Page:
Students in Paul LaRue’s senior honors history class at in Washington Court House (near Columbus, Ohio) are petitioning legislators to grant formal recognition of Ohio soldiers for their service in the 54th and 55th Massachusetts regiments during the Civil War. Barred from enlisting in Ohio due to their race, the 515 African American men opted to join segregated units in Massachusetts, and they initially received less pay than their white counterparts.
On July 18, 1863, the 54th Massachusetts Infantry fought with distinction in the attack on Fort Wagner, a battle that was featured in the film Glory. One of its men, Pvt. William Nelson (who has ties to Fayette County, Ohio) is buried in the Washington Court House cemetery.
The bill has garnered 25 co-sponsors in the Ohio House of Representatives, and it awaits scheduling on the busy legislative agenda. Students hope the resolution will be adopted before they graduate in May.
Paul, who is an NCSS member, guided his Washington High School students in researching the contributions and service of these men. The students decided to request legislation that would properly recognize the soldiers’ extraordinary courage and dedication.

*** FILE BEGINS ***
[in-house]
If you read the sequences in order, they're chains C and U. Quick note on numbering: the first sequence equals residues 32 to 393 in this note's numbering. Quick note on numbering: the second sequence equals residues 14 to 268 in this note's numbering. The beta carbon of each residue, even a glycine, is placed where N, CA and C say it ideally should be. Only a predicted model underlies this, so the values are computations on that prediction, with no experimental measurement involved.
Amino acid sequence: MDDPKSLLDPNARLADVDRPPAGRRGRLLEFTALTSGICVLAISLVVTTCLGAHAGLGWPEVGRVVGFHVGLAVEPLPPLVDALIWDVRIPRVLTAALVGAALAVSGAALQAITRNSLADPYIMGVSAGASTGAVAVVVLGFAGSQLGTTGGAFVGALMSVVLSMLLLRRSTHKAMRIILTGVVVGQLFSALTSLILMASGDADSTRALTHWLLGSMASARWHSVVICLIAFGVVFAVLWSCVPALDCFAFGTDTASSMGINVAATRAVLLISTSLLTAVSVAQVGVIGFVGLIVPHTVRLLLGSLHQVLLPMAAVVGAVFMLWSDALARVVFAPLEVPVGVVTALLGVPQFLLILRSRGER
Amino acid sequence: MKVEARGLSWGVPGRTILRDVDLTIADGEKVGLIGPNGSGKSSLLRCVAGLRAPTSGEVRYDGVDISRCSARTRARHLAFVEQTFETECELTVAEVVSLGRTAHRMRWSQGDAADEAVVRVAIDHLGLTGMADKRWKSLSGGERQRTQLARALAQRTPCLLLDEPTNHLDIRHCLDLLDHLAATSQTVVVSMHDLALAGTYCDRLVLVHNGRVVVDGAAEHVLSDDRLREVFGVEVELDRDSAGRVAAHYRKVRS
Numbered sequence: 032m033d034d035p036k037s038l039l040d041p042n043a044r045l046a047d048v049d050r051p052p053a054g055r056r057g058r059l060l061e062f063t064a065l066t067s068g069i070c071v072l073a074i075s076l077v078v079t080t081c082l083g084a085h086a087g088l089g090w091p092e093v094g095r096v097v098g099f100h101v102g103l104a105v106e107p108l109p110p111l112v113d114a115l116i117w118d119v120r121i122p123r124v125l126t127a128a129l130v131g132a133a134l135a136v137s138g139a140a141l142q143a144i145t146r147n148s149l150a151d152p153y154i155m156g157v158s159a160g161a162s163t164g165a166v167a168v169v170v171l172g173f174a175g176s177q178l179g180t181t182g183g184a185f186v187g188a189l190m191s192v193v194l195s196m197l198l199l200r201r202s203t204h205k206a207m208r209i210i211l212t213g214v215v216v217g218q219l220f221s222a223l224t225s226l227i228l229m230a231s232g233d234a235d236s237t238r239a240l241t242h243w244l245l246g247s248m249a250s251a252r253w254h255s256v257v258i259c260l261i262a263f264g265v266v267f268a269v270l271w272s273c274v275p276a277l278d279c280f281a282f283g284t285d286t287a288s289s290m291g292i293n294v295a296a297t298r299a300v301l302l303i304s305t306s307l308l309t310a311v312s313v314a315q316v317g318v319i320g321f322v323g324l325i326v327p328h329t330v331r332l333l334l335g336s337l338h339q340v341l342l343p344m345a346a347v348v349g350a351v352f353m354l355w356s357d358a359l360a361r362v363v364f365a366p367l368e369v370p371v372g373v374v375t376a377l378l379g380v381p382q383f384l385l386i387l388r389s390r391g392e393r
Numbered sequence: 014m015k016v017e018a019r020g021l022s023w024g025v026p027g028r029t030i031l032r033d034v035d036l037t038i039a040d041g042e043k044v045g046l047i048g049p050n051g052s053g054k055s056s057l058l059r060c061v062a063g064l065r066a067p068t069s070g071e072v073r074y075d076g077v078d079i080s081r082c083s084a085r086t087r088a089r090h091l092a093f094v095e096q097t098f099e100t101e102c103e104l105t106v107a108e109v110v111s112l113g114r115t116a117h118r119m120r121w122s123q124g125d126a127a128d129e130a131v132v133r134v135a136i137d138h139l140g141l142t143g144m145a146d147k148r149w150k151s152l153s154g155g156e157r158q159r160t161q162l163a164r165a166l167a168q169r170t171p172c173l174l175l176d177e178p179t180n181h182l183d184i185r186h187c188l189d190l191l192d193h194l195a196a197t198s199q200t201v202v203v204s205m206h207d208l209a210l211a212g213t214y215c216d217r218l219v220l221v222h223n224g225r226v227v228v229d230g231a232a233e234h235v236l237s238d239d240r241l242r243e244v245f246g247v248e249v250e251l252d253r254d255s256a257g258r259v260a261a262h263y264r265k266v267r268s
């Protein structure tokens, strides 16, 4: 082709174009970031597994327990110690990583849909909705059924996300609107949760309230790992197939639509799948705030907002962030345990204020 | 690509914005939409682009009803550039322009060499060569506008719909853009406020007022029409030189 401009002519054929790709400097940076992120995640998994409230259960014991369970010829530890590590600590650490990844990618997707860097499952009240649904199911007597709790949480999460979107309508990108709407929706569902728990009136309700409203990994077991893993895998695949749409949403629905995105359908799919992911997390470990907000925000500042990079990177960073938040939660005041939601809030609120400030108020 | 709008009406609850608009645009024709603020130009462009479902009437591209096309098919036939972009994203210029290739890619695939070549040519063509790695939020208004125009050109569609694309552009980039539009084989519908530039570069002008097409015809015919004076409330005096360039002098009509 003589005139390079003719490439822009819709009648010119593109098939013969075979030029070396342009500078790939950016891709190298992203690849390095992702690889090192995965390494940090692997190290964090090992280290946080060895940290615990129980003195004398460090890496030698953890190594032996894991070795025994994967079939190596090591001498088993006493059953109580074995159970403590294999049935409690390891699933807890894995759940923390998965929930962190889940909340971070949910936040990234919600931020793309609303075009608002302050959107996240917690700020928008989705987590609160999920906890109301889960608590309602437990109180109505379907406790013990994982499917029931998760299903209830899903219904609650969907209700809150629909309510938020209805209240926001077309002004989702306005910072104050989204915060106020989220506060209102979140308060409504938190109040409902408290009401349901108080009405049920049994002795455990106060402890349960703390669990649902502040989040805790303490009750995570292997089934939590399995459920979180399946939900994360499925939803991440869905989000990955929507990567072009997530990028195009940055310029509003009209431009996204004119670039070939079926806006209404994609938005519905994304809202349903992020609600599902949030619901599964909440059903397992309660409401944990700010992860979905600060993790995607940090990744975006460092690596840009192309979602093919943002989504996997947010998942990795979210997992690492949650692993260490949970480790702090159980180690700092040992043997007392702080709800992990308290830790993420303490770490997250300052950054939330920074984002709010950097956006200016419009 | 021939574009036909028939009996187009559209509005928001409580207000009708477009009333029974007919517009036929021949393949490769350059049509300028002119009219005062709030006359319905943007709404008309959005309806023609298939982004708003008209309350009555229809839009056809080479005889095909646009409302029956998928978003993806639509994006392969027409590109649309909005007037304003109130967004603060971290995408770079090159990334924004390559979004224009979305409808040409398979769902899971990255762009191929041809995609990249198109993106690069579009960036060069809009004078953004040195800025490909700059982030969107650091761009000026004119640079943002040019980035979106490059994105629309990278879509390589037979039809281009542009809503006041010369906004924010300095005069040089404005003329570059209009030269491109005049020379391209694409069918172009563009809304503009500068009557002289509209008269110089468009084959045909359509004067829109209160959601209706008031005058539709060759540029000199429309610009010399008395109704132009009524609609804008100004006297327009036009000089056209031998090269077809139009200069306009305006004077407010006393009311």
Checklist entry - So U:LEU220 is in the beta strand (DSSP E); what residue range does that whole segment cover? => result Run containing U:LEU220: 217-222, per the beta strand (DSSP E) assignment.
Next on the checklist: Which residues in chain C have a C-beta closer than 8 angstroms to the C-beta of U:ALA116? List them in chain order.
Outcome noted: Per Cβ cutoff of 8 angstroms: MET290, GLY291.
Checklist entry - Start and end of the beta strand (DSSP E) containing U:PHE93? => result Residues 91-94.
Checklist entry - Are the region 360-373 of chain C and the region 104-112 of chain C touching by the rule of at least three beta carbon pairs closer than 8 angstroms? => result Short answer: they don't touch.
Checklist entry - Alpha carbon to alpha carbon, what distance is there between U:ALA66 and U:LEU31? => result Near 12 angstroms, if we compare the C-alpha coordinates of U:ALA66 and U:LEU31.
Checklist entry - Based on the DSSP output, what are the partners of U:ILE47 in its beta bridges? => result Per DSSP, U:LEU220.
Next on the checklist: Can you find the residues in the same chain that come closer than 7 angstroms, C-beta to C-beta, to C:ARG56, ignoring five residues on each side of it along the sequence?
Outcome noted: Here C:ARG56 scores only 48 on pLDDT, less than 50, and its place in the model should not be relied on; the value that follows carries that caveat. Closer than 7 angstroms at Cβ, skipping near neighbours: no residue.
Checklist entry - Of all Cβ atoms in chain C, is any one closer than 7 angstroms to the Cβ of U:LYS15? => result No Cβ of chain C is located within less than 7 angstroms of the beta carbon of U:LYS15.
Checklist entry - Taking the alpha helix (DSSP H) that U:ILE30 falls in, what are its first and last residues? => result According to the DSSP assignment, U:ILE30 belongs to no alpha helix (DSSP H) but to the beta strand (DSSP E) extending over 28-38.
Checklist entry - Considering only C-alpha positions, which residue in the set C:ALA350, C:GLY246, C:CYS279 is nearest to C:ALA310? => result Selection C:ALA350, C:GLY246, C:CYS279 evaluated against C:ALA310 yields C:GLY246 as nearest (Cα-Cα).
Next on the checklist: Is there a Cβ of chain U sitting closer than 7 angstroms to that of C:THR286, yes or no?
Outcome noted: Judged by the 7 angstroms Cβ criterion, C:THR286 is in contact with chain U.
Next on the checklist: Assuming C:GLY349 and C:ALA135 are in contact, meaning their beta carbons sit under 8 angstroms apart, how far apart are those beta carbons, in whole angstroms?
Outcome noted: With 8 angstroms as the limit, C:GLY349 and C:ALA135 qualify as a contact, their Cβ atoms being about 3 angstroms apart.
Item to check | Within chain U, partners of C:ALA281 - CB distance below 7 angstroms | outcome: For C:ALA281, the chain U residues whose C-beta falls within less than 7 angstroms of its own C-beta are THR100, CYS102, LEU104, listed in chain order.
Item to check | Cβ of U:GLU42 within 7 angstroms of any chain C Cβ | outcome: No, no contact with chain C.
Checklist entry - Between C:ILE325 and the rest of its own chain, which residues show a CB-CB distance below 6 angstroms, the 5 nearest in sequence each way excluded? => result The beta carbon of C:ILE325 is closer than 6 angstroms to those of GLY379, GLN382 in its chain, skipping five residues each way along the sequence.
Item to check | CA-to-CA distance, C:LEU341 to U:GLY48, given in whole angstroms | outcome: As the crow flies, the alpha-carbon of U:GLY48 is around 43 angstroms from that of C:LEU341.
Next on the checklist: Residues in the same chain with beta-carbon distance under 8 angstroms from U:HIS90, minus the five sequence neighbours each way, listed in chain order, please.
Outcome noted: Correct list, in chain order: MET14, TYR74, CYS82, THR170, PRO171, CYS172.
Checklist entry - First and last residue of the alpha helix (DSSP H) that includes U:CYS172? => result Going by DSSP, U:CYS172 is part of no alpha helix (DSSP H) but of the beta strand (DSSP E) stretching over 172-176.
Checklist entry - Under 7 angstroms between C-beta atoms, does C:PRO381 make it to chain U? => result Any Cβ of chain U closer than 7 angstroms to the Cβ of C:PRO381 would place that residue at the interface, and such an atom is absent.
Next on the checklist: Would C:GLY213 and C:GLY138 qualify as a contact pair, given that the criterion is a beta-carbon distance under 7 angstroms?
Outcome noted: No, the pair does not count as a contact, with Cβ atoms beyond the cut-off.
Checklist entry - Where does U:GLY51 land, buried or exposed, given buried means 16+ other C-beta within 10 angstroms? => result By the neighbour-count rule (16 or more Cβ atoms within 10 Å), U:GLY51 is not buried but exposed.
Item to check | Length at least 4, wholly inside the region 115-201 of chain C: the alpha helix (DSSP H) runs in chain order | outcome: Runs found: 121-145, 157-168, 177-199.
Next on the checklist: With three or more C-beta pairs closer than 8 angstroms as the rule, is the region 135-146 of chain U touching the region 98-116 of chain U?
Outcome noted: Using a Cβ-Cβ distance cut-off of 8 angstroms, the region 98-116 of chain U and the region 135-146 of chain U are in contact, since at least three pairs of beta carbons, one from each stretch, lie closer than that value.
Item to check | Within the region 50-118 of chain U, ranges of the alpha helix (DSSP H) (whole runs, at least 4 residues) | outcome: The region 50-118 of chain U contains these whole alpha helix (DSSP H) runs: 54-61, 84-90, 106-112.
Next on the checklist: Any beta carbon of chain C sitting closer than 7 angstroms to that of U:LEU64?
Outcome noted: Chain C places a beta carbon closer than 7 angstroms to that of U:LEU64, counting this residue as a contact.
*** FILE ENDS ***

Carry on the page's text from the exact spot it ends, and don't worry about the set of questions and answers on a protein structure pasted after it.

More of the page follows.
Paul says, “My class has had an opportunity to take curriculum from the classroom into the real world. The students are now acting as public history advocates, to correct an example of racial discrimination from 150 years earlier.” He adds, “The resolution’s sponsor, State Representative Jim Butler, is a past history student of mine. He later graduated from the U.S. NavalAcademy and the University of Maryland with an M.A. in history. It is rewarding to see a past student work with my current class on this worthwhile project.”
-this article oringially appeared in The Social Studies Professional , April 2012